Heart and Soul Jazz Piano Arrangement
Get free weekly lessons, practice tips, and downloadable resources to your inbox!
When the average person sits down at the piano at a party, 9 times out of 10 they’ll start picking out Hoagy Carmichael and Frank Loesser’s famous Heart and Soul. This is because of the fun rhythm, nice chords, and catchy melody that everybody instantly knows! Now, what if you wanted to play it in a different way than everybody else to stand out, with a fresh and more advanced take on the song and make everyone turn their heads and say “Wow, that’s cool!”? That’s why in this lesson, we’ll go over how to play heart and soul in a swing jazz piano style.
This song was actually released way back in 1938 and the original style was, well, jazz! In particular, the style of swing jazz which was at its pinnacle in the ’30s and ’40s. Today, the song has often been simplified both to match closer to later styles like rock, pop, and R&B, as well as to be easier to play for beginner pianists. In a sense, we are actually taking the song back to its roots by playing heart and soul in a swing jazz piano style.
In this tutorial, you’ll learn:
- The chords that actually makeup heart and soul, as well as some jazzy substitutions.
- How to play a swing walking bass line in the left hand (easy and a more advanced/hard version)
- Right-hand melody and harmonizations
- Overview of how the different parts of this heart and soul-jazz piano arrangement work
- Downloadable sheet music PDF of the arrangement for reference
Ready? Let’s dive in!
Getting Ready: The Chords for Heart and Soul Jazz Piano
This tune is commonly played in a few different keys. In this lesson, we will be playing in the key of F. The chords are pretty simple, although we will be altering one of them for a jazzier sound (circled). Check it out below, and make sure to play through and become familiar with them if you haven’t already:
As you can see, Heart on Soul mainly consists of a 2 bar pattern of F major 7th, D minor 7th, G minor 7th, and C dominant 7th chords. Pro musicians usually call this a I-vi-ii-V chord progression. Notice how these are all 7th chords instead of triads. This makes a big difference in getting a richer sound. If you aren’t familiar with all your 7th chords then check out Intermediate Piano Foundations.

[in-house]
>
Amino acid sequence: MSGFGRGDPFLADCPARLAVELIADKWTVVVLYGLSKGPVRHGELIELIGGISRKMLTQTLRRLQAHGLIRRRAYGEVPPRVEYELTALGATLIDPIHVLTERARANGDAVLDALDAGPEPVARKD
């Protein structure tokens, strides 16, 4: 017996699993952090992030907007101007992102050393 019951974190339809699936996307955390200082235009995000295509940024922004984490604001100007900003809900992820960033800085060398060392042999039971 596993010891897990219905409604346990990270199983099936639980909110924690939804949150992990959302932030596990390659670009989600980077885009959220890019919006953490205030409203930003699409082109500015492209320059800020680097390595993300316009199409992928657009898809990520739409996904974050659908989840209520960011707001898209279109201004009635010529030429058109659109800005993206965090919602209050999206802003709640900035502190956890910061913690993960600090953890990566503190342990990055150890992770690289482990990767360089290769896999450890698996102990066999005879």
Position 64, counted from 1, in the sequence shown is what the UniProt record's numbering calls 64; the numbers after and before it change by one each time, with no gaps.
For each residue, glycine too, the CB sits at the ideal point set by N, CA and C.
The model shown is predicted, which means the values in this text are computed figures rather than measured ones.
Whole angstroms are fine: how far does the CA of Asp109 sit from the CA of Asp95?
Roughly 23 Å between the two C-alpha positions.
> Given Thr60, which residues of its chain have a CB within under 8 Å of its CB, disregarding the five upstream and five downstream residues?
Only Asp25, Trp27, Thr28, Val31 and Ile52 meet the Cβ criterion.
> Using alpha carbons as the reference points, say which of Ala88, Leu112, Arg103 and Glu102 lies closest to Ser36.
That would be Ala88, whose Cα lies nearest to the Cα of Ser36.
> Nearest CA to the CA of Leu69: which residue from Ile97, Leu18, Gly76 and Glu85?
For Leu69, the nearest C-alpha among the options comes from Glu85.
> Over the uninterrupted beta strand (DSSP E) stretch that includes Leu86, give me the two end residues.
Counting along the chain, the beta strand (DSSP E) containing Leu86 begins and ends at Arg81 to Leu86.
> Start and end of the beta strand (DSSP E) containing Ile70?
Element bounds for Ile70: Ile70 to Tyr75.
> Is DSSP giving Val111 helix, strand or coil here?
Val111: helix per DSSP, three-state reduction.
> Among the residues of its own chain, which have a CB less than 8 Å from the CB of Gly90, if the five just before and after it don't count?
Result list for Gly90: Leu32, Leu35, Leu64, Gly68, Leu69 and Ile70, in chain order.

The circled chord in measure 3 is our little modification for a jazzier/ more colorful sound. Normally, as in the other measures, there would be a D minor 7th, but we changed it to a D dominant 7th. This is actually quite a common modification in jazz on this chord, because dominant chords love to resolve to a chord an interval of a 5th below (4th above) the root. Since D and G are a 5th/4th apart, changing from a minor to a dominant chord works beautifully, even if not all the notes are in F major.
If you want to know more about reharmonization and similar techniques possible in music, then check out Passing Chords & Reharmonization (Beginner/Intermediate, Intermediate/Advanced).
Step 1: Learn the Swing Walking Bassline for Left Hand Piano
Now that we know our chords, let’s get swingin’! Here’s what our walking bassline looks like all by itself. Be sure to watch the recommended fingering as well, notated on the sheet music:
Cool, right? If you want a more driving and advanced sound, you can add little pick up notes on every other beat, which on piano usually consists of repeating the note we just played. On a real bass, it’s more of a ghost note (a soft percussive sound without pitch). In any case, it really adds to the swing and groove:
Remember any 8th note on in upbeat (the “and’s”) is literally “swung” or delayed a little bit. That’s why it’s called swing!
Now some of you may be wondering, how does this walking bass line work?
Building A Walking Bass Line
Jazz bassists are required to devote their whole craft to making a great walking bassline, so there of course are many ways and possibilities. But there are only a few basic principles we need to know if we want to get started making a walking bassline that works and that is convincing. Here they are: